Canada Employment Trends in 2014 Promise Good Chances for Job Seekers
For all those who are eager to finally find a job, or quit the one they dislike and get a better offer –
here are seven trends to know and follow in the job market.
New York, NY, February 01, 2014 -- The recent research on the job market of Canada, conducted
by analysts of the Localmart in Canada, shows that there is a chance for everyone to get employed.
The seven main trends included show job seekers the occupations that employers are planning to
enlist for, increases in compensations and companies with high compensation level, and businesses
that give their employers some educational opportunities and professional training which increase
their level and help in getting the best positions either in their company or elsewhere.
For the last year almost all Canadian companies has created some new working places in every field
of industry, and such tendency is about to continue in 2014, showing the stability and efficiency of
the country’s labor market. And though the new year started recently, more than 55% of Canadian
companies state that their financial position is now much stronger that it was the previous year, and
they expect the sales to increase in the first quarter of the year. This creates a need in hiring more
employees in the spheres of customer services, IT technologies and research and development area.
Here are seven most important tendencies to look for and to follow for job seekers.
STEM occupations will increase. There is no surprise that professions in the STEM group (science,
technology, engineering, math) help in strengthening and growing the economy of the country. And
this year these types of occupations will get an increase as about 38% of companies are planning to
create new jobs.
Employers are planning to recruit employers on full-time basis in the variety of fields, among which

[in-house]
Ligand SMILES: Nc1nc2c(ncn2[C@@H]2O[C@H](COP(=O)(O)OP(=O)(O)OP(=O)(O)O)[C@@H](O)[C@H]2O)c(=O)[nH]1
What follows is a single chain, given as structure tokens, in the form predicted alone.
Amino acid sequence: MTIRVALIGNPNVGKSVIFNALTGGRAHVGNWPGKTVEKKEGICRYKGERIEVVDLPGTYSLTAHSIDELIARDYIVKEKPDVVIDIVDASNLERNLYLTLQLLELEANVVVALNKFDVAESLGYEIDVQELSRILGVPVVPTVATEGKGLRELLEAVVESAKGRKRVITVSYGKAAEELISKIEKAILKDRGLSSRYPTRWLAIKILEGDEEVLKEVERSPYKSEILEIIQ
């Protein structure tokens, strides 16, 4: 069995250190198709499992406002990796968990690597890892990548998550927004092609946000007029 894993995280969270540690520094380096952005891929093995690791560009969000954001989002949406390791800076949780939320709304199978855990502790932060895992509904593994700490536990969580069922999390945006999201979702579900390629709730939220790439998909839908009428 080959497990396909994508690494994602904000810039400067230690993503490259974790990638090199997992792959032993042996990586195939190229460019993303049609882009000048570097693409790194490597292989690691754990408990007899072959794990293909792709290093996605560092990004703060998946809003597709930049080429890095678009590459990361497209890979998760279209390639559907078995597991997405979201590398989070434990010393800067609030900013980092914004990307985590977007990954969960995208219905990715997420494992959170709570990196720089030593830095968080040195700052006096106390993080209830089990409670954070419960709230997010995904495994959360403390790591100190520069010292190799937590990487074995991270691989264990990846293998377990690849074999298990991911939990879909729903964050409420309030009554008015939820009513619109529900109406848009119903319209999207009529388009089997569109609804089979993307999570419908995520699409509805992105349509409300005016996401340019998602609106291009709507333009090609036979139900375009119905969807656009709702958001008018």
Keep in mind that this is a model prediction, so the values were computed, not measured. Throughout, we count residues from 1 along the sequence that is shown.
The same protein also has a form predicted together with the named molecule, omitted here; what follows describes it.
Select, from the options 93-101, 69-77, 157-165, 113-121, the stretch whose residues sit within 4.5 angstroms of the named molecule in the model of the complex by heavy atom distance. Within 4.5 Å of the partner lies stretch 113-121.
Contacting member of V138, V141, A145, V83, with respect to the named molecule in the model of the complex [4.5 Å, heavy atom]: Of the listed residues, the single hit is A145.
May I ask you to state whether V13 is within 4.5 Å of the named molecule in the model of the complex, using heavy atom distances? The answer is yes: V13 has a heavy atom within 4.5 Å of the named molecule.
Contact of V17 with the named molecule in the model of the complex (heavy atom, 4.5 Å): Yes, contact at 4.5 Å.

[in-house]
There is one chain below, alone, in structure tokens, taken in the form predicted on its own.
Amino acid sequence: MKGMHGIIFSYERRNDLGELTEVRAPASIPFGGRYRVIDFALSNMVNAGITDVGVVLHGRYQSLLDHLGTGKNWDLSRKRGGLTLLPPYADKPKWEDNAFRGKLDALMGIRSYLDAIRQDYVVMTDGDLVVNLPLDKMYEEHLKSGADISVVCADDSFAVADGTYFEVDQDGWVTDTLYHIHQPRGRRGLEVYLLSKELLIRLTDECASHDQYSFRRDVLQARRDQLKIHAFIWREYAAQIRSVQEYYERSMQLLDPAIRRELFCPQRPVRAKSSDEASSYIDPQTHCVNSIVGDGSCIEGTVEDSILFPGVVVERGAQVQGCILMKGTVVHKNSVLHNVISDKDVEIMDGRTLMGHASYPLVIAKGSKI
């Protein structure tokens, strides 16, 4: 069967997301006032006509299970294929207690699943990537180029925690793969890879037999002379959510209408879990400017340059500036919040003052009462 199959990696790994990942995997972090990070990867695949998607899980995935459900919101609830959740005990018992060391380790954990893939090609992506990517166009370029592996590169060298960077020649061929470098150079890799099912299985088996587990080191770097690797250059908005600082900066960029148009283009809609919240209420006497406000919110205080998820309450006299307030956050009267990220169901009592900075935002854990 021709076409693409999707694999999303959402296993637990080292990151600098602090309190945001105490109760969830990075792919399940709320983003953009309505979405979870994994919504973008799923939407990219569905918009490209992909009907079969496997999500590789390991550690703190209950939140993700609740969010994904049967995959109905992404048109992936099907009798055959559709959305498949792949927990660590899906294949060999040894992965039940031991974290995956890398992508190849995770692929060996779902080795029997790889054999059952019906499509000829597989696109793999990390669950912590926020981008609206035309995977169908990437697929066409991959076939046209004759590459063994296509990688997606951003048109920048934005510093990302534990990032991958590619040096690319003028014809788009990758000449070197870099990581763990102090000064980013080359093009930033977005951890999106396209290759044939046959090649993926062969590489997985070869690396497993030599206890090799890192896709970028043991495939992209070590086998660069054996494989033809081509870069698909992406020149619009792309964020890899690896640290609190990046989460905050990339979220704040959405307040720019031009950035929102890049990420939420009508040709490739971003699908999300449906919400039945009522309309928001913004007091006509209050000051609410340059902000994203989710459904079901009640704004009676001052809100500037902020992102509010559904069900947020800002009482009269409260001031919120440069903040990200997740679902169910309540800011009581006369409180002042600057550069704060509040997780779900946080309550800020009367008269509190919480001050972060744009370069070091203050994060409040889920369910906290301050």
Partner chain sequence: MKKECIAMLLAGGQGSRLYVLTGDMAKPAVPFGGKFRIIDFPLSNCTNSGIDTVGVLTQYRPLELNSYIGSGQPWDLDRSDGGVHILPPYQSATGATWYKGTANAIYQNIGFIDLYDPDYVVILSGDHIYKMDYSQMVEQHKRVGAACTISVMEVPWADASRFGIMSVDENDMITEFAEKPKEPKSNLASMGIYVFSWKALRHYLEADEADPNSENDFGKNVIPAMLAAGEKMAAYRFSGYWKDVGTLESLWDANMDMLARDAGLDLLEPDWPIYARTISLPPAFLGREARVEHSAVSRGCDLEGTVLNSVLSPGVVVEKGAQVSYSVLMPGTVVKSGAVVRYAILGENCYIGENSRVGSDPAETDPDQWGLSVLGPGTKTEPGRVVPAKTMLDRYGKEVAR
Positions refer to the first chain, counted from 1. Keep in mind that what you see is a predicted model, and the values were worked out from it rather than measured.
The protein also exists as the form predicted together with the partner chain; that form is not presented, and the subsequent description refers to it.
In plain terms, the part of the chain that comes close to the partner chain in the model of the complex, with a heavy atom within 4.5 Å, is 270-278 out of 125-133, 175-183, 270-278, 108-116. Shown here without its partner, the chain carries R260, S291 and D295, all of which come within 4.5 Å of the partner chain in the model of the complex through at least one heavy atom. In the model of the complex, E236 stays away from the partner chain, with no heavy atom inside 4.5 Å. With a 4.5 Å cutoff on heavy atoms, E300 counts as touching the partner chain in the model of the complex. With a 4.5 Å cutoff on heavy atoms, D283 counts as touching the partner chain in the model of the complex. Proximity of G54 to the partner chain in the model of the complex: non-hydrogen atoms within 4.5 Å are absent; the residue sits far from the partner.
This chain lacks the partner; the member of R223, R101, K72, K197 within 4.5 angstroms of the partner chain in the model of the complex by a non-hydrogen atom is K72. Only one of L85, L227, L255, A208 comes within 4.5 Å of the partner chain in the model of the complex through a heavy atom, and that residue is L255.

Customer Service will have most of job offers. Information Technology and Research/Development
would be as popular. Gradually, Sales and Production will have sane number of offers for young
and promising specialists. Engineers and Financials will have same opportunities of employment,
and Business Development would have a little less offers.
About three in five Canadian companies will hire on contract temporary workers, and most of them
as well plan to offer their temporary workers a full-time job and a place in their permanent staff
The growth of high-skilled jobs is a good sign for the Canadian economy, and companies try not to
fall behind the tendency. Yet, about two of five employers say that such positions are not filled as
they cannot find right candidates for them.
Taking into the consideration the problem of skills gap mentioned above, more than half of the
companies in Canada prefer to create a perfect candidate for them, instead of looking for one. It fair,
as training people that have little experience for the position helps getting the very person for the
job. About 36% of companies send their employees back to schools and colleges to get a degree,
and pay a part of studying costs or even all of them.
In order not to send people with little experience and skills back to college, about thirty-six percent
of companies keep the connection with younger generations of future graduates. The policy of
promoting careers to current students or sometimes even school leavers, is quite spread today in
Canada. And about 31% of companies are planning to stick to such policy in 2014.
As companies are eager to retain best specialists in their filed, it is extremely important for them to
offer competitive salaries, especially for the jobs that are hard to fill. Thus, about thirty-three
percent of Canadian companies are going to raise compensations for such positions. 83% of
companies plan to increase compensation for their current employers, while 62% are going to
provide higher starting salaries for new employees.
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